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Green Building News

FTC Gets Tougher on Green Product Claims

The federal consumer protection bureau promises more action against companies that make deceptive environmental claims

The Federal Trade Commission will be more aggressive about pursuing companies that make deceptive claims about the environmental benefits of their products.
Image Credit: Albert Herring/Wikimedia Commons

The director of the Federal Trade Commission’s consumer protection bureau promises that the agency will clamp down on companies that make misleading environmental claims about their products, according to an article in Ad Week.

In a keynote address before the annual conference of the Advertising Self-Regulatory Council in New York, Jessica Rich outlined a number of enforcement goals for the advertising industry. Among them was a crackdown on inflated environmental claims for green products.

“A growing number of consumers are looking to buy green products and companies respond with green marketing,” Ad Week quoted Rich as saying. “But sometimes what companies think green claims mean and what consumers think they mean are two different things.”

The FTC released its updated “green guides” a year ago. They are an attempt to educate advertisers on how to avoid making deceptive claims about their products. Until last year, the guides hadn’t been updated since 1998.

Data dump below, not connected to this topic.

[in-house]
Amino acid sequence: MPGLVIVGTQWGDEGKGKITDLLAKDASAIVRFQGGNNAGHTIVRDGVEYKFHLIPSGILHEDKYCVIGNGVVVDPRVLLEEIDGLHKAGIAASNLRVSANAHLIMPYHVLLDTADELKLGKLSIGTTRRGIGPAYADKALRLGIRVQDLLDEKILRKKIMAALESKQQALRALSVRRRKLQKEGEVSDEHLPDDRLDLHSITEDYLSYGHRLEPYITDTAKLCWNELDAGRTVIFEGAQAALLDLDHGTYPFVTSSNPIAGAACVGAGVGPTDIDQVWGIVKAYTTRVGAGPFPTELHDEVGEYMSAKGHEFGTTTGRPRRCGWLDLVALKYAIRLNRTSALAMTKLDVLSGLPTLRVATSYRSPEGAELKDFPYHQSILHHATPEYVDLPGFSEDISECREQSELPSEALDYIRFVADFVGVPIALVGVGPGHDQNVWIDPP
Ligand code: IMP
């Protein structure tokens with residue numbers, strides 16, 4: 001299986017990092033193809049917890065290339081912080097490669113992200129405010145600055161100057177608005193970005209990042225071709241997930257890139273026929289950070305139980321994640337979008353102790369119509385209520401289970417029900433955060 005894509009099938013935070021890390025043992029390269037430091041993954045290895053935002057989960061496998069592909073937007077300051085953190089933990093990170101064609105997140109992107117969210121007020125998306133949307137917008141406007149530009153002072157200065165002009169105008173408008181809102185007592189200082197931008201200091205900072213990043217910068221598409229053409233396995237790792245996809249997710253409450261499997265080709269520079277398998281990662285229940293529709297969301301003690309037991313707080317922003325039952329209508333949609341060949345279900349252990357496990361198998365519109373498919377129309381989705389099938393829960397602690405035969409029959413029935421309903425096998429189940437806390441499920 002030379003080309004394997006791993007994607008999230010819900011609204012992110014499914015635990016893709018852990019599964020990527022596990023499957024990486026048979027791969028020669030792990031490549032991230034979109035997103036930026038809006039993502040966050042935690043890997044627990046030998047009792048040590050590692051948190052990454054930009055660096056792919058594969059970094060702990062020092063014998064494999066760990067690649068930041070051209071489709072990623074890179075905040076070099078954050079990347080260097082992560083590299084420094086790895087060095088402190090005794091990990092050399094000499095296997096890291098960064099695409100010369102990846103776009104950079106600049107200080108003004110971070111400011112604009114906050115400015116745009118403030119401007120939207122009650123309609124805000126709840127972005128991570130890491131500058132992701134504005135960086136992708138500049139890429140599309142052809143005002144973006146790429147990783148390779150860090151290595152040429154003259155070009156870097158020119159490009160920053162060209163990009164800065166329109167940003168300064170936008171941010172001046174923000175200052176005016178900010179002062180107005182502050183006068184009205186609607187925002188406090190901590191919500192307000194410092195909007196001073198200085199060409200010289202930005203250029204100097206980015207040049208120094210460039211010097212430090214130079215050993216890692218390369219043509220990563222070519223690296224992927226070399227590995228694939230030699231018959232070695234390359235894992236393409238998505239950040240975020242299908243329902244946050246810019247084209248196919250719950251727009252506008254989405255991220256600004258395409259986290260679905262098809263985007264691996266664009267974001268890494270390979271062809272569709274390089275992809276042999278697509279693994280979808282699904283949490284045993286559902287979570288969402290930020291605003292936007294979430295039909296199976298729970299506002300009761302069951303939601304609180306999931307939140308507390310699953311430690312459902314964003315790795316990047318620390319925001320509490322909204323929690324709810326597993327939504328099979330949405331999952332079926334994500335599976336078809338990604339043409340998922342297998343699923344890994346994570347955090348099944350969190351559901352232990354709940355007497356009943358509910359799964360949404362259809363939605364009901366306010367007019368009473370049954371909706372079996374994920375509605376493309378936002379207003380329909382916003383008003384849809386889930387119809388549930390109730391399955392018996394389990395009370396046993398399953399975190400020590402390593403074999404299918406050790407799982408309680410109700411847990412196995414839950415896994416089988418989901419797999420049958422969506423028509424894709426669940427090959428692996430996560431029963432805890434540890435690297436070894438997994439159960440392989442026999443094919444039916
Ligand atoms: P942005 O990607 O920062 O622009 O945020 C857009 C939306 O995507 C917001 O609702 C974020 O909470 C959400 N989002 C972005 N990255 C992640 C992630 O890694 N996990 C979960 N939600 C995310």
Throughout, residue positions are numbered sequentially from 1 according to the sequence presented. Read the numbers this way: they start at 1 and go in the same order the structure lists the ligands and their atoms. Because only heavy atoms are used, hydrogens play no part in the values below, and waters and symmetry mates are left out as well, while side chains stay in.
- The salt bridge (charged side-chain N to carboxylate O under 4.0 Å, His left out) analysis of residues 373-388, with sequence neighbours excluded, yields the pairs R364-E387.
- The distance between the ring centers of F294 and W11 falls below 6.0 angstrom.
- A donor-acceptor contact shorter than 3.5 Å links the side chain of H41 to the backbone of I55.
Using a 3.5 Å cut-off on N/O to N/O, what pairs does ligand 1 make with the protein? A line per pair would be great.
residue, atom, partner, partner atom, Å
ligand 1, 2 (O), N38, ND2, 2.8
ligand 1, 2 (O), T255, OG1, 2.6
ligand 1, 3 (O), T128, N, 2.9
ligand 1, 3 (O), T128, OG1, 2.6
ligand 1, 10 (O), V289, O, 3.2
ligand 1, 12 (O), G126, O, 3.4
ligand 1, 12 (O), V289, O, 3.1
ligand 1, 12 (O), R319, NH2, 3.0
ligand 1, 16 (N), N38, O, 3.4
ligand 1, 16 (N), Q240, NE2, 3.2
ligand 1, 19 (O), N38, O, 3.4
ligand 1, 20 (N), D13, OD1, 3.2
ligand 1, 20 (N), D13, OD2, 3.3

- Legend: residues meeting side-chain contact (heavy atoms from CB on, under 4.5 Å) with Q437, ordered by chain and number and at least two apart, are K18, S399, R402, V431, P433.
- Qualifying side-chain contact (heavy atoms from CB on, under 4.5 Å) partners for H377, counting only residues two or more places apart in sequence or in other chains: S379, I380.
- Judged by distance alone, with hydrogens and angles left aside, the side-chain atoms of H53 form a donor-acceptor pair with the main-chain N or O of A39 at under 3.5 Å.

FTC studies advertising on many products

The FTC is already looking at a variety of industries as it seeks to make marketing claims truthful.

The agency said in August that it had sued three companies over claims that their mattresses were free of volatile organic compounds and other toxic substances, Green Building Law Update reported.

In March, the FTC announced that two paint manufacturers had agreed to stop claiming their paints were VOC-free.

In her address in New York, Rich said the commission had signed consent agreements with five replacement window marketers over “unsupported energy efficiency and money-savings claims…”

Window marketers had claimed consumers could cut their energy bills in half, but Rich said the settlements required marketers to prove it.

“Among other things, the settlements require the marketers to substantiate energy savings claims that include the words ‘up to.’” she said. “For example, if they claim consumers will save ‘up to’ a certain amount of money or achieve energy savings ‘up to’ a certain amount, they must have competent and reliable scientific evidence to substantiate that all or almost all consumers are likely to achieve the maximum claimed savings.”

The full text of Jessica Rich’s remarks is available on the Web.


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